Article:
Shari'a making inroads in the West
Where has all the sanity gone?
Pakistan recently gave in to the pressure of Islamist militants. Indeed to buy off peace, Pakistani authorities allowed the imposition of Shari'a (Islamic law) in the Swat Valley.
How long the cease-fire will last is anyone's guess. But in any case, Pakistan has allowed a precedent that could extend to other provinces; in fact the Swat Valley is only about 160 kilometers from Islamabad, the capital. But Shari'a is not making inroads only in Pakistan - it is creeping into the West.
One area particularly touched by this phenomenon is the judicial system in Europe. Two recent cases in Italy and France are particularly troublesome.
In Italy, three members of a Brescia-based Maghrebi family (father, mother and eldest son) were accused of beating and sequestering their daughter/sister Fatima because she had wanted to live a "Western" life.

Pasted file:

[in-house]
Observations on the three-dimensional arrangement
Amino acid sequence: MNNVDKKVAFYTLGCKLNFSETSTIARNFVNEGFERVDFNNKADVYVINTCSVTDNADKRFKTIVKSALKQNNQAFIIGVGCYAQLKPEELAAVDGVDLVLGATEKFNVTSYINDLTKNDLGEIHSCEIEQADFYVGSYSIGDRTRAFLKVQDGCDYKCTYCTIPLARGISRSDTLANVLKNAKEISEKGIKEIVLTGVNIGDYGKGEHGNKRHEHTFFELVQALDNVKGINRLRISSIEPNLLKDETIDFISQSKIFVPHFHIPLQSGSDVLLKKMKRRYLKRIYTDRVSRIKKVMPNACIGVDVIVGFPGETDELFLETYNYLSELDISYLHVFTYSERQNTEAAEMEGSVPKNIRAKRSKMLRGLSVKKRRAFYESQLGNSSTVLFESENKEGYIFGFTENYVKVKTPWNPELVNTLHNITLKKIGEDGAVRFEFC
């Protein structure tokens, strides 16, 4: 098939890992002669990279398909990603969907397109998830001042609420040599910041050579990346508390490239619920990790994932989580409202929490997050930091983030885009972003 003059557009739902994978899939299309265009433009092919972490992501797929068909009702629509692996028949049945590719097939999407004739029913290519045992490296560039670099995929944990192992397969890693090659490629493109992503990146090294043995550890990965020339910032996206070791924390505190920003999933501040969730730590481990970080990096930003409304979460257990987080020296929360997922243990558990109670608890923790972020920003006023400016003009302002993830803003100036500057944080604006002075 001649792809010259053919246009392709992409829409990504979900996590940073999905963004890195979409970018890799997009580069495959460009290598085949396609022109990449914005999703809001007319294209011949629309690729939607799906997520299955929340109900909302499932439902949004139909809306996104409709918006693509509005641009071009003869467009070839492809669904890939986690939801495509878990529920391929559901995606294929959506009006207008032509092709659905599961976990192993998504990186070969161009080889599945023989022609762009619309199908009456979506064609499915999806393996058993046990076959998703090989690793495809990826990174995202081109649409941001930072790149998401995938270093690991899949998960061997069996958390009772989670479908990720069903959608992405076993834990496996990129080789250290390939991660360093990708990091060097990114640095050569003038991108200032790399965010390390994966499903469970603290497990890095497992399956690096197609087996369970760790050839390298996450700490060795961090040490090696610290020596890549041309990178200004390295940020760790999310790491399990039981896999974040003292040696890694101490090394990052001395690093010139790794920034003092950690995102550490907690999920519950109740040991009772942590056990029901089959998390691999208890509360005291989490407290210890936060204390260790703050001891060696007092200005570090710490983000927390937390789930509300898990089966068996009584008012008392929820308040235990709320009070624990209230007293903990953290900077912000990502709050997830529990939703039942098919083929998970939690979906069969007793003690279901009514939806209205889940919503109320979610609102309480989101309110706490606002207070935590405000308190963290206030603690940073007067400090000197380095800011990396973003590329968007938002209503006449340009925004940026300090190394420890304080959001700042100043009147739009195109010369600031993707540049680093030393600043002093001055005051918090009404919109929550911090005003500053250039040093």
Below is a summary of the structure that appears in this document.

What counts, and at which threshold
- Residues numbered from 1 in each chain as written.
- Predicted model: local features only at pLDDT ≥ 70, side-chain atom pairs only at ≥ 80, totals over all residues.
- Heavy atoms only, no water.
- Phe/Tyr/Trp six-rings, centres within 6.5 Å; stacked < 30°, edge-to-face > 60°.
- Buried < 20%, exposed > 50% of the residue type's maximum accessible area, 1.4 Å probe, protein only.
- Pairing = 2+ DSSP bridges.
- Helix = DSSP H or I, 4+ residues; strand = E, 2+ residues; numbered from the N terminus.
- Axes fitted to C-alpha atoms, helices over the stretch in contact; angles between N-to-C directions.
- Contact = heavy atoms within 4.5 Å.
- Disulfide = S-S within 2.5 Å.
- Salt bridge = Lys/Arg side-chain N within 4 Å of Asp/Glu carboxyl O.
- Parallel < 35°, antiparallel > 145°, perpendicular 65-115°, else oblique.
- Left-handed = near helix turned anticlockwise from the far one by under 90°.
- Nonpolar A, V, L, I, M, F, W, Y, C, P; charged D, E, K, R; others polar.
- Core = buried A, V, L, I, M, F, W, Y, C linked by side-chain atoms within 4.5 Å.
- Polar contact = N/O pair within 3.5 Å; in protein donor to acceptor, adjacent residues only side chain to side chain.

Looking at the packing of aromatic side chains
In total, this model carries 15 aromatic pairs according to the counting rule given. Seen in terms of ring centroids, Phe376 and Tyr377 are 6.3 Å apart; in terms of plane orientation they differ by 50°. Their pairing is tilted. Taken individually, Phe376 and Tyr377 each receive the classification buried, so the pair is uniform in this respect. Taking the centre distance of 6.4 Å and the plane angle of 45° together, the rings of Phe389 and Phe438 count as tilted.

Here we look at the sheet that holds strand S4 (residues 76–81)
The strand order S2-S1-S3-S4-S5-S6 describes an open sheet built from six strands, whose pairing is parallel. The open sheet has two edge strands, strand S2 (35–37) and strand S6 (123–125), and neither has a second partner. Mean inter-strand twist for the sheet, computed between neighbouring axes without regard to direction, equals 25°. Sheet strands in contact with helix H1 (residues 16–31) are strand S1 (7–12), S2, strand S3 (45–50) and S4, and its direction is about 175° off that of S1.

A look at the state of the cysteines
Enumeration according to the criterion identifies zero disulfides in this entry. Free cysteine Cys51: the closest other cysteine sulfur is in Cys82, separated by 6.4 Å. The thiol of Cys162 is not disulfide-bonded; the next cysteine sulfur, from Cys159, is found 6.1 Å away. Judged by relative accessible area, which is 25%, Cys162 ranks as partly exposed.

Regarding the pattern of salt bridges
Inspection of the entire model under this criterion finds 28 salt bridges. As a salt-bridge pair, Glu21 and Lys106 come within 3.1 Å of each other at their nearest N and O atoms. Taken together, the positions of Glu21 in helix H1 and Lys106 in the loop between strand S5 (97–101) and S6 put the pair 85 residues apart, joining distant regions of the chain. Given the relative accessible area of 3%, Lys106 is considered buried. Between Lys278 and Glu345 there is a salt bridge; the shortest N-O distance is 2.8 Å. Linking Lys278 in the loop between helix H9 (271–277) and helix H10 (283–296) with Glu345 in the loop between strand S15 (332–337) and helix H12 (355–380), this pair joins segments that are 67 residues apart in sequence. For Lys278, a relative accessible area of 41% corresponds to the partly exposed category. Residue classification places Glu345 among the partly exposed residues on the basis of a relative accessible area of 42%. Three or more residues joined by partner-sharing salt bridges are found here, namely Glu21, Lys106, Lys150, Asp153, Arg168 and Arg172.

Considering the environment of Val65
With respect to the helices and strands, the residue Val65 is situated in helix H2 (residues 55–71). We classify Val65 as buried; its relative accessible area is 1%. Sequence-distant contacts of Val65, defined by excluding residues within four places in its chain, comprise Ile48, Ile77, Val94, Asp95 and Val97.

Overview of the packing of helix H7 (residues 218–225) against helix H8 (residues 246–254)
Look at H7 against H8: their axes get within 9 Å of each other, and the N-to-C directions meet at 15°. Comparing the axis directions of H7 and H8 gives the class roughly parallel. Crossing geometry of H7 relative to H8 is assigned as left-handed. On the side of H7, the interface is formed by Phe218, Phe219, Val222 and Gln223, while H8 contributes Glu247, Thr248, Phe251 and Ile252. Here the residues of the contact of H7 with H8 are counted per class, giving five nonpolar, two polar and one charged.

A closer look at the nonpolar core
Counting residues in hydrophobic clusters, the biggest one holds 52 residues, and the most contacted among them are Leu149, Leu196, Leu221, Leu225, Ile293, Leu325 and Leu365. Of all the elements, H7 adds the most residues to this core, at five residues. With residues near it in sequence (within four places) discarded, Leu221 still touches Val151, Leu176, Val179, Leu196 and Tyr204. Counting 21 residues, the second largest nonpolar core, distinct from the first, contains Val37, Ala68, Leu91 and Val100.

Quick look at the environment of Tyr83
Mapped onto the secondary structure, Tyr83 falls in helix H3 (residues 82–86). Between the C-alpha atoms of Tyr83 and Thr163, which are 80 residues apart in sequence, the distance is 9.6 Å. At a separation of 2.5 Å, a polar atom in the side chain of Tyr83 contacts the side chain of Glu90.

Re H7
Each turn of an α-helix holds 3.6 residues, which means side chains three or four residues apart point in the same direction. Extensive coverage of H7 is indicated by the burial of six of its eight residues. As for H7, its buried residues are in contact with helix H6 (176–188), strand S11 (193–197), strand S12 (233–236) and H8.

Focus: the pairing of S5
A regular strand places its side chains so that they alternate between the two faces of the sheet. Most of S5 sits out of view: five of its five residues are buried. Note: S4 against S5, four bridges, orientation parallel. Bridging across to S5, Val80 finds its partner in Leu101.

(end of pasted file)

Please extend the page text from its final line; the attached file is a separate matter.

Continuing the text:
In the first trial, the three were sentenced for sequestration and abuse. The court acknowledged that the teenager had been "brutally beaten up" for having "dated" a non-Muslim and, in general, for "living a life not conforming with the culture" of her family. But on appeal, the family was acquitted because the court deemed that the young woman had been beaten for "her own good."
The Bologna public prosecutor's office then disputed the acquittal of the three accused parties, but the Italian Supreme Court of Cassation dismissed it and ruled in favor of the charged parties.